slap, adjective

Forms:
Also slup.
Origin:
AfrikaansShow more Afrikaans, dangling; weak, flabby; flexible.
1. slang. Feeble, lacking energy; ineffectual; disorganized, sloppy; lacking in discipline; flabby, limp, slack; (especially of food) runny, soft.
1970 K. Nicol Informant, DurbanOnly a very slap mackie could live in a pigsty of a room like this.
1970 Informant, GrahamstownThat horse is slap, he can barely go faster than a jog.
[1972 M. Van Biljon in Star 16 June 6Members of the Cabinet..are gradually exchanging those long slap limousines that used to make parliamentary parking look like an undertakers’ convention.]
1973 K. Dawe Informant, GrahamstownI really hated that school — one could only call it ‘slap’.
[1978 Informant, OFSHis nickname at school was Slap, because he was so casual and easygoing.]
1982 Sunday Times 15 Aug. 3It was while she was at this ad agency that the idea of ‘The Kugel Book’ was born — although it took her three years to write because she was ‘very slap’.
1984 Informant, JohannesburgIf the organization’s slap the results are slap and that’s all there is to it.
1985 Fair Lady 3 Apr. 139If it rains or there is what the locals call a ‘slap’ mist, the flowers might not open at all.
1991 TV1, 24 Apr. (Big Time)The people are complaining the pap is too slap.
1991 P. Buck Informant, JohannesburgI’m sorry that this is such a ‘slap’ communication, but I look forward to hearing from you.
1993 A.L. Haycock Informant, GrahamstownHe brought chips..— crisp outside and slap inside.
2. Special collocations
slap chip. colloquial, usually in the plural, hot fried potato chips (distinguishing these from ‘chips’, the South African English term for potato crisps), often referring to chips fried until they are cooked but not crisp;
slapgat /ˈslapxat/ slang [see quotation 1973], not in polite use, (as adjective) useless, lazy, slovenly, undisciplined; (as noun) a lazy or undisciplined person.
1972 R. Malan Ah Big Yaws 17Several Dry-fin [drive-in] restaurants cunningly distinguish between these (sc. crisps) and the French-fried potato chips by referring to the latter as Long chups or Slup chups.
1986 D. Wilson in Argus 1 Jan. 2Antoinette let out a joyous shriek like an early-morning seagull discovering some discarded slap chips outside a roadhouse.
1988 Flying Springbok Oct. 141These days, it is perfectly possible to plan a holiday that actually avoids the lunchtime slap chips and burgers of wayside cafés.
1988 Weekly Mail 18 Oct. 19James..with his celebrated Portuguese cafe...‘You want one packet of Chesterfield, slap chips, what you want?’
1989 B. Ronge in Sunday Times 9 Apr. (Mag. Sect.) 9I once starved myself all day to do justice to an immensely chi-chi repast prepared by a visiting French chef...After the meal..I fled straight to the nearest Bimbo’s where I bought a large packet of hot, slap chips drenched in vinegar.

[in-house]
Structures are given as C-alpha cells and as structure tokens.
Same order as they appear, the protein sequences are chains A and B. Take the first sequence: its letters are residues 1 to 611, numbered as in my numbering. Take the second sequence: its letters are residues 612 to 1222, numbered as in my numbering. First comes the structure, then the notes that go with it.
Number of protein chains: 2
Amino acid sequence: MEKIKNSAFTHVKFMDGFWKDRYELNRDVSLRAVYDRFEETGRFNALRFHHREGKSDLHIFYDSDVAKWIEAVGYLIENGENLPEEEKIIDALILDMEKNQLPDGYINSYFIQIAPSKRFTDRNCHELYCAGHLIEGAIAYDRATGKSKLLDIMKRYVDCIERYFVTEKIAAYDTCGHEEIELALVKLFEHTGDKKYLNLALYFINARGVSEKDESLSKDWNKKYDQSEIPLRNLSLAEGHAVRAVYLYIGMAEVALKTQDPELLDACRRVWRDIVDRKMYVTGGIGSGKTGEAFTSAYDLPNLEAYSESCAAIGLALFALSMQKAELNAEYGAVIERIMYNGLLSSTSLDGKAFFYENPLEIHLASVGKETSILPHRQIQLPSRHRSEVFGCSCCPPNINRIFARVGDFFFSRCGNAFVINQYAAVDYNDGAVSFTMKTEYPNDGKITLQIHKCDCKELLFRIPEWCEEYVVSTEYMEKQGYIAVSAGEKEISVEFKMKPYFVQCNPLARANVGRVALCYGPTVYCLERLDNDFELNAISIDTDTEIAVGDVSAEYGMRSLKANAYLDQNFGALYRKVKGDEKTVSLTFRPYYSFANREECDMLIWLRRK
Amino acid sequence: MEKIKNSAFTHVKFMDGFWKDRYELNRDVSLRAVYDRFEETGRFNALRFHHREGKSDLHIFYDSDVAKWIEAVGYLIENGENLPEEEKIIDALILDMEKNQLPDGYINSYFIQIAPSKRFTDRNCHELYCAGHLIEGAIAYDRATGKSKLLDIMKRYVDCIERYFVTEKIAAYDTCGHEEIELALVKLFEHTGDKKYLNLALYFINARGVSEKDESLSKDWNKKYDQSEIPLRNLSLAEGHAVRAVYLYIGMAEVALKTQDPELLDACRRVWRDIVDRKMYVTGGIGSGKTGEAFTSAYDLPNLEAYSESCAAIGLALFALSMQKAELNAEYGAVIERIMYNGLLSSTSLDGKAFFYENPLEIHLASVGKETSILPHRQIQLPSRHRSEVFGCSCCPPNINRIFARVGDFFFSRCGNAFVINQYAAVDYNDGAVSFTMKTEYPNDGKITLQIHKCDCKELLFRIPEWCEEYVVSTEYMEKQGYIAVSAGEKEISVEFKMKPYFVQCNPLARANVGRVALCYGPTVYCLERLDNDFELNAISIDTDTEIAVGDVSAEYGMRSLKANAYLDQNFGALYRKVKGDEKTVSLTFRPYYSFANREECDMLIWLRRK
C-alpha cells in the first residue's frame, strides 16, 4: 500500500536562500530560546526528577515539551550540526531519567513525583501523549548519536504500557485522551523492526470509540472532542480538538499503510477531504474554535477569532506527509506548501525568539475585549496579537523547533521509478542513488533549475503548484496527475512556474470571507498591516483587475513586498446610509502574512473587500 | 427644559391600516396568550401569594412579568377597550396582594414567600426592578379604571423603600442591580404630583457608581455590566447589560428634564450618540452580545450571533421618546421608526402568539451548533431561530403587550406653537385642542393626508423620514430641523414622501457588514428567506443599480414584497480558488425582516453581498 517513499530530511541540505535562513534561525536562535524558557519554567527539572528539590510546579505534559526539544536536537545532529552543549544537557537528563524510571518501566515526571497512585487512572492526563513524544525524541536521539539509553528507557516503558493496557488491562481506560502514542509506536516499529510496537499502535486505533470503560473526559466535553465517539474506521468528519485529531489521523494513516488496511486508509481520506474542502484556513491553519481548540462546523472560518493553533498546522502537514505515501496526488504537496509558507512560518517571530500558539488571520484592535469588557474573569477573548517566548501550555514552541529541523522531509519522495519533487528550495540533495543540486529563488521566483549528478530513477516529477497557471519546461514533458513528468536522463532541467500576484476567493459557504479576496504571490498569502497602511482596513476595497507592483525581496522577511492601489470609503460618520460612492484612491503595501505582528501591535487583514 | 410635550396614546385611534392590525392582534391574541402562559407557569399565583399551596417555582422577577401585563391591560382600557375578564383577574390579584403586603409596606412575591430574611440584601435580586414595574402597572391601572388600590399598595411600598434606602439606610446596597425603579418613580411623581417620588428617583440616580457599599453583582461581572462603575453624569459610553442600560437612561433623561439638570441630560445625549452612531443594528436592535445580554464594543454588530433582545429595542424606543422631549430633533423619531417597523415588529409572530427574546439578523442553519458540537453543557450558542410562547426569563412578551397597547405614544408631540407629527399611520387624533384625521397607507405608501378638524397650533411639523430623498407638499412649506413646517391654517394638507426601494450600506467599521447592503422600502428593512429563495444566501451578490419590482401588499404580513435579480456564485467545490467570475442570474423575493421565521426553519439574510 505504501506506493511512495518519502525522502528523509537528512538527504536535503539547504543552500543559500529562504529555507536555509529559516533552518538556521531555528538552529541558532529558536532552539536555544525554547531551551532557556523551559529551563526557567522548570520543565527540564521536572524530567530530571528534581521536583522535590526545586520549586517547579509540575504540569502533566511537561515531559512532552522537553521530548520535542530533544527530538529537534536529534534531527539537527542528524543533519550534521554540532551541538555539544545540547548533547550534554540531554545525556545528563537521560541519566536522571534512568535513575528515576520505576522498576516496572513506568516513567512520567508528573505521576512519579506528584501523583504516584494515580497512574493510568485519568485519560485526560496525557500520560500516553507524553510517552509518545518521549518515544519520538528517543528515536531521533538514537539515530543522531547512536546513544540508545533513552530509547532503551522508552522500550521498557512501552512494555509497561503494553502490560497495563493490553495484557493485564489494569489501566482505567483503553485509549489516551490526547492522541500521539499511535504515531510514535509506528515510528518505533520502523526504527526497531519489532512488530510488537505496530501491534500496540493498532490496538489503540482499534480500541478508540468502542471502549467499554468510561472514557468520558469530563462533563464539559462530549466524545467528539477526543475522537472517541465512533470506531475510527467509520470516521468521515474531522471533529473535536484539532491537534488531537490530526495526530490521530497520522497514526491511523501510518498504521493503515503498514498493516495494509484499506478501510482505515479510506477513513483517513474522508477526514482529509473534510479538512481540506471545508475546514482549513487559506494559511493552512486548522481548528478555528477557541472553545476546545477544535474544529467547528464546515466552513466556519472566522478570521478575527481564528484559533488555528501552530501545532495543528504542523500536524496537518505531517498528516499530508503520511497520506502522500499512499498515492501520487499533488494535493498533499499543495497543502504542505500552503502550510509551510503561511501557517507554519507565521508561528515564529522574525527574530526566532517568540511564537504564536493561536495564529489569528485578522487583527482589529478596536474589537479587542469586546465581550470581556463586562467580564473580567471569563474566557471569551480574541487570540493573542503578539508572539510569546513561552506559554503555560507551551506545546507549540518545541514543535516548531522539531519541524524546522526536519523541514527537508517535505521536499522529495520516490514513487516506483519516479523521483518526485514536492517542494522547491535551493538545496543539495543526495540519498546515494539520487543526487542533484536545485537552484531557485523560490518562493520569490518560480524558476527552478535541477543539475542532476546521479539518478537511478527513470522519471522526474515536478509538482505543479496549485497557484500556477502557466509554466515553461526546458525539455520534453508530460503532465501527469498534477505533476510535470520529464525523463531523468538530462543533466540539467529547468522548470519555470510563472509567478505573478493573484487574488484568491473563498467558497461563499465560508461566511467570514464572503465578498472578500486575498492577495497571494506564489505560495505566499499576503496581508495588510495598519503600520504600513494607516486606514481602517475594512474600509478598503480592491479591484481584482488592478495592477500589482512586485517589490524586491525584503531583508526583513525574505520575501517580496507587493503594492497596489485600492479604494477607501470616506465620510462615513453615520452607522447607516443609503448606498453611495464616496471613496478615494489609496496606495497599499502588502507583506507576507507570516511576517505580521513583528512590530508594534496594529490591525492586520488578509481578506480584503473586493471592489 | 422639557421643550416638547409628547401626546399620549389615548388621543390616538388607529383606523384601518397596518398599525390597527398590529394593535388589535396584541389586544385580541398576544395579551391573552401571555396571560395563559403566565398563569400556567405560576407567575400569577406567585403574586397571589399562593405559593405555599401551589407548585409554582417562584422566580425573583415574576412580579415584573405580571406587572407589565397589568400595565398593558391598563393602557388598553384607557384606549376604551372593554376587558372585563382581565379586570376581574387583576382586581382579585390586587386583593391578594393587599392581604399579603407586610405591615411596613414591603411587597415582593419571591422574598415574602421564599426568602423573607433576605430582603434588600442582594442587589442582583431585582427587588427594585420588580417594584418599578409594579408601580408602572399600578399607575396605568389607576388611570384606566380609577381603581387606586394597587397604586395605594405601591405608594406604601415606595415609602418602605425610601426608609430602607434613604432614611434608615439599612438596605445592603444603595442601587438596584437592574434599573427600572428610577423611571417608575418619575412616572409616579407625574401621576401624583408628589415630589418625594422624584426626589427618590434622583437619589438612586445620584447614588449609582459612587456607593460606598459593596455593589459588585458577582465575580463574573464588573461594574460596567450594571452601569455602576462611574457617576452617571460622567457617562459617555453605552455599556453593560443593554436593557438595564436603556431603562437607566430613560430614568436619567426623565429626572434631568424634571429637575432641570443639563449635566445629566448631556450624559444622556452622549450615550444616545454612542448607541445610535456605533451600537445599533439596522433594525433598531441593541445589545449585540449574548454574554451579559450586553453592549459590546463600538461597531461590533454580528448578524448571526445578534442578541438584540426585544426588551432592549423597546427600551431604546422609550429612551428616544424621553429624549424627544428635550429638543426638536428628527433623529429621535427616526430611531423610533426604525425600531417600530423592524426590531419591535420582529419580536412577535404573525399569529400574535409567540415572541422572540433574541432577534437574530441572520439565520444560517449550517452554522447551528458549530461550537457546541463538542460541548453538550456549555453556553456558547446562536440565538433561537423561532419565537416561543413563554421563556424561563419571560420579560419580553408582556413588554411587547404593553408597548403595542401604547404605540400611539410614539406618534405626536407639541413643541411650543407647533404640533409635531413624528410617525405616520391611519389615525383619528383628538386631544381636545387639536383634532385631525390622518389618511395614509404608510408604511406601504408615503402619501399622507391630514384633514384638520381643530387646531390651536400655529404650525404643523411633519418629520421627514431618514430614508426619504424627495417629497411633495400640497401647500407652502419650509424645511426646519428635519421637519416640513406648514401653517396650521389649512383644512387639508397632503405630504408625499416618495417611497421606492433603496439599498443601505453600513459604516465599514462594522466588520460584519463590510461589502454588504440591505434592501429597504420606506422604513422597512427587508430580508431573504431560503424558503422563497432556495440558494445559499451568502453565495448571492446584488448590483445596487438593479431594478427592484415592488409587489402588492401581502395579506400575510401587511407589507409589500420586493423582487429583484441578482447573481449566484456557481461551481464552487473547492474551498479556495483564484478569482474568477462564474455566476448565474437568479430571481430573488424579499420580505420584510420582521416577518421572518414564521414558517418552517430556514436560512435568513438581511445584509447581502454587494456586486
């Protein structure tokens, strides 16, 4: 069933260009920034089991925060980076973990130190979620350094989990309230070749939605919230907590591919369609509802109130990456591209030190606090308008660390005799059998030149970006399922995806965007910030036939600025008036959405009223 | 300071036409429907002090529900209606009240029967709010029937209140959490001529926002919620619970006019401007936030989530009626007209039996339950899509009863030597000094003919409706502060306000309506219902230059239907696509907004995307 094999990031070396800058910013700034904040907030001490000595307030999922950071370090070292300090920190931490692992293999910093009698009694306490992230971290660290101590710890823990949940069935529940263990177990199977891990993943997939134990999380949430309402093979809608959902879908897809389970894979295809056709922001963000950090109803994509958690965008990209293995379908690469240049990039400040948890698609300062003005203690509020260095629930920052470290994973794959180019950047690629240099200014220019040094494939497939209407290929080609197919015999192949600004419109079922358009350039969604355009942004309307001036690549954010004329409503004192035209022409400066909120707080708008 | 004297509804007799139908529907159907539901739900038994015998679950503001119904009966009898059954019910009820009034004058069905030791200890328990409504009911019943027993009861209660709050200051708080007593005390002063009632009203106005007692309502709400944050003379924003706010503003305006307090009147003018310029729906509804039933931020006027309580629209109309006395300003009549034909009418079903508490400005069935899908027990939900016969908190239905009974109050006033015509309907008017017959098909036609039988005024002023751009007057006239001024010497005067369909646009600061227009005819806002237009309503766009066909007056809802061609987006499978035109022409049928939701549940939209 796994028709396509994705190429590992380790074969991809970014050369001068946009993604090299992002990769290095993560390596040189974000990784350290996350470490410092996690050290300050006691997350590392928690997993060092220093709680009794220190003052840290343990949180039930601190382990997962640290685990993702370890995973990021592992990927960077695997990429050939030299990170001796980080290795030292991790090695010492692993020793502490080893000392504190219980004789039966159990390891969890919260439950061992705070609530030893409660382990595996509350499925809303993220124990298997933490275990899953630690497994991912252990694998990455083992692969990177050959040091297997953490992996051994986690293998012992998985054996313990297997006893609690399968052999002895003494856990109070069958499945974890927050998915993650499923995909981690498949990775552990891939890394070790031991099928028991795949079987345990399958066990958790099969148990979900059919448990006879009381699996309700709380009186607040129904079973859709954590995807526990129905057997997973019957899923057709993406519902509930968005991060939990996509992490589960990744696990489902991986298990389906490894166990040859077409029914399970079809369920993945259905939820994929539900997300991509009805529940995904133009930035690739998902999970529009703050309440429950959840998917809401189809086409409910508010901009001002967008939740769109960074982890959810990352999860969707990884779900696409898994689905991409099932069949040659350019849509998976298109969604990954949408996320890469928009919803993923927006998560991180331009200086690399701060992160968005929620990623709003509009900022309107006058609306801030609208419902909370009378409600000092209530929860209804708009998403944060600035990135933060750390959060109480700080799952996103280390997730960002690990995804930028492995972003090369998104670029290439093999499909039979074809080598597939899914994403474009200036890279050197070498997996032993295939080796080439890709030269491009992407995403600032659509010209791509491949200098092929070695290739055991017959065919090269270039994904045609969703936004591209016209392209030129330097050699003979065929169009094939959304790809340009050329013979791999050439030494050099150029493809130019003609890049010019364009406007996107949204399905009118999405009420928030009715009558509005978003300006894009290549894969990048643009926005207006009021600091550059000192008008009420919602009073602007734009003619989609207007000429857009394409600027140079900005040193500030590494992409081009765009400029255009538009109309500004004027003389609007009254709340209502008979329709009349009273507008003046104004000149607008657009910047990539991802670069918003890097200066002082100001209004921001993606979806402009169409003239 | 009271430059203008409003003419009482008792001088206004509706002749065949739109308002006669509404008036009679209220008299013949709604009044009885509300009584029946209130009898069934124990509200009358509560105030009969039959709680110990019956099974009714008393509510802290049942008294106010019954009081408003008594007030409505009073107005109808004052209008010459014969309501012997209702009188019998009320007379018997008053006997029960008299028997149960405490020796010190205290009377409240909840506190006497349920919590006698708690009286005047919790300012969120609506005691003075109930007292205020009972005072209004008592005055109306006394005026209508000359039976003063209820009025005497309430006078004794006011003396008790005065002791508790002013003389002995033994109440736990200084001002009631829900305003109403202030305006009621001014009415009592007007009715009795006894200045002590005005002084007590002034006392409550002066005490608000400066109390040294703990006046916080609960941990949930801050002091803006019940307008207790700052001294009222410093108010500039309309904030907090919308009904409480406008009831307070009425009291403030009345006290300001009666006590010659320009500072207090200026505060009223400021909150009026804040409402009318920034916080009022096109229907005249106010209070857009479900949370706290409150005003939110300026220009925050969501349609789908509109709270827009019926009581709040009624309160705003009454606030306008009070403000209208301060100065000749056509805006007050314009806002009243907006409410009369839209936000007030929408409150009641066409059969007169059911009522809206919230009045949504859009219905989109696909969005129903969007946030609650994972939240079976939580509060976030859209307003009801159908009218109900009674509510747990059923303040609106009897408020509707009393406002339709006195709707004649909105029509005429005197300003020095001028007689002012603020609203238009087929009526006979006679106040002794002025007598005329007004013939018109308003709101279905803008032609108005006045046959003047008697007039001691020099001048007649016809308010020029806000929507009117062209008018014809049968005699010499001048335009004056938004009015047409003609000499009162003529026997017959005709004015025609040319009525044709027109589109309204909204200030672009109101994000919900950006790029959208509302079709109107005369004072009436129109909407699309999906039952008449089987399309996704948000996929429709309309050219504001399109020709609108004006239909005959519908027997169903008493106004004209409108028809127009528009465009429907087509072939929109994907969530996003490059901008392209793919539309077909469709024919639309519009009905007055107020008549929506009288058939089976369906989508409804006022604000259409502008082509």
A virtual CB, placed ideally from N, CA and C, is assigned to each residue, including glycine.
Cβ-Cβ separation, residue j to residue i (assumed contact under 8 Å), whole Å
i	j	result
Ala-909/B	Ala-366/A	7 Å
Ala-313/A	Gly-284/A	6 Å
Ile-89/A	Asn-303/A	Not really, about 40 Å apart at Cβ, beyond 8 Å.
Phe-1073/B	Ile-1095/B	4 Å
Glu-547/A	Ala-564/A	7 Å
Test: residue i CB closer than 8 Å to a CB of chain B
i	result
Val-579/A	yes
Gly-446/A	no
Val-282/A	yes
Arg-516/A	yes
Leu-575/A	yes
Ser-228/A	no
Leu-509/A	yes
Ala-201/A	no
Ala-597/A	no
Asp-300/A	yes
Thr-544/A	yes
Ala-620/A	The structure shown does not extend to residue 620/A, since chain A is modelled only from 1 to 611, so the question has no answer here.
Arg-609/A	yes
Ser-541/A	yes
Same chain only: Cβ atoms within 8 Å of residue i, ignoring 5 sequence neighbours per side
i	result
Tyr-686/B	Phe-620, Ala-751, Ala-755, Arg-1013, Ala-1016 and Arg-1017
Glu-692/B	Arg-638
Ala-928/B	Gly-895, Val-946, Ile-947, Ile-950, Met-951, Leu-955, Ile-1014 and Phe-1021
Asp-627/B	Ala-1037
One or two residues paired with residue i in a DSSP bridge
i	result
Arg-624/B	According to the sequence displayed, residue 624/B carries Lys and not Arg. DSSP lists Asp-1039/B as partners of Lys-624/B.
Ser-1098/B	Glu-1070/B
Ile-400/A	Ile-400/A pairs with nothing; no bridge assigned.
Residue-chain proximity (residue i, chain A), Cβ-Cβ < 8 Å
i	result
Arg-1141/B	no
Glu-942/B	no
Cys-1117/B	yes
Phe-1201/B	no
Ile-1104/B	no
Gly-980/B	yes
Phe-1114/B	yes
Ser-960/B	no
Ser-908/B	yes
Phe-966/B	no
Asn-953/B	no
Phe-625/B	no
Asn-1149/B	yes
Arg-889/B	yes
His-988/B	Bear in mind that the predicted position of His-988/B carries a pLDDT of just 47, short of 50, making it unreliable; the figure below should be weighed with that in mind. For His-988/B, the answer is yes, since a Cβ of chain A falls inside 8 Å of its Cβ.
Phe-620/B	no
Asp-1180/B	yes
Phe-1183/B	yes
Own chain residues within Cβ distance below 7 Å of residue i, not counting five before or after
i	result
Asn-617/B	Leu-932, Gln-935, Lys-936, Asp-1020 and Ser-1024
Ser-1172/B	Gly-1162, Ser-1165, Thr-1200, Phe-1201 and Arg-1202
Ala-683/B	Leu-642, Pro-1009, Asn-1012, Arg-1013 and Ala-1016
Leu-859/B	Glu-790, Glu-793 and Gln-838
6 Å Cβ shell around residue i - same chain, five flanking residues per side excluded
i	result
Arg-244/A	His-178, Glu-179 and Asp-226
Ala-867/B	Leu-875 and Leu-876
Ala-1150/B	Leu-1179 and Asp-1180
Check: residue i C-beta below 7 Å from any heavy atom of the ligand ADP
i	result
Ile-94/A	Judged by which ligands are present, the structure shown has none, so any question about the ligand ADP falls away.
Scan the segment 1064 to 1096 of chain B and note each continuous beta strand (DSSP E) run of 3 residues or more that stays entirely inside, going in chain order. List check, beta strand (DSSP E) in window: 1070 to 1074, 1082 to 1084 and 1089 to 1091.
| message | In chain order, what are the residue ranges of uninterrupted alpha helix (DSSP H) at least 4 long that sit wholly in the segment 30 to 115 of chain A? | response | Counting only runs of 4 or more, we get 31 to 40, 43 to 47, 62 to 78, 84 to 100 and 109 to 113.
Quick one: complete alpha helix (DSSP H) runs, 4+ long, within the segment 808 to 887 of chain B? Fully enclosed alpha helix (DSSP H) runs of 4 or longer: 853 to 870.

1990 C. Fluxman on TV1, 17 Oct. (Good Morning South Africa)There’s nothing like a delicious burger with onions and slap chips.
1991 Fair Lady 27 Mar. 49Final proof that the royals are human — Heinz Tomato Ketchup features on their list of warrants. For the Queen Mother’s burgers? The Queen’s hot dogs? Di’s slap chips?
1991 Sunday Times 2 June (Mag. Sect.) 37It was one of those small little Portuguese supermarkets...You could buy old eggs, old fish in batter, the usual slap chips, a toasted whatever. Or you could go for peri-peri chicken.
1993 M. Schofield in Cape Librarian Mar. 38A plate of ‘slap’ chips and tomato sauce and coffee stylishly served in styrofoam cups.
1970 S.E. Natham Informant, Cape TownSlapgat. Untidy (crude).
1973 Beeton & Dorner in Eng. Usage in Sn Afr. Vol.4 No.2, 51Slapgat, adj..lit: slack hole. Vulgar expression wh[ich] refers to a useless person.
1974 Informant, GrahamstownMrs S— said in class this morning that we were the most slapgat school she’d ever been in.
1985 P. Slabolepszy Sat. Night at Palace 11Vince: Katz!? What about him? Forsie: He’s a slapgat.
Feeble, lacking energy; ineffectual; disorganized, sloppy; lacking in discipline; flabby, limp, slack; (especially of food) runny, soft.
Derivatives:
Hence slapheid noun [Afrikaans, abstract noun-forming suffix -heid -ness], looseness, sloppiness.
1978 Darling 20 Dec. 33She shambles across the room..and throws herself into a chair, arms dangling. There is a familiar slapheid about her actions which doesn’t quite level with the new-look.
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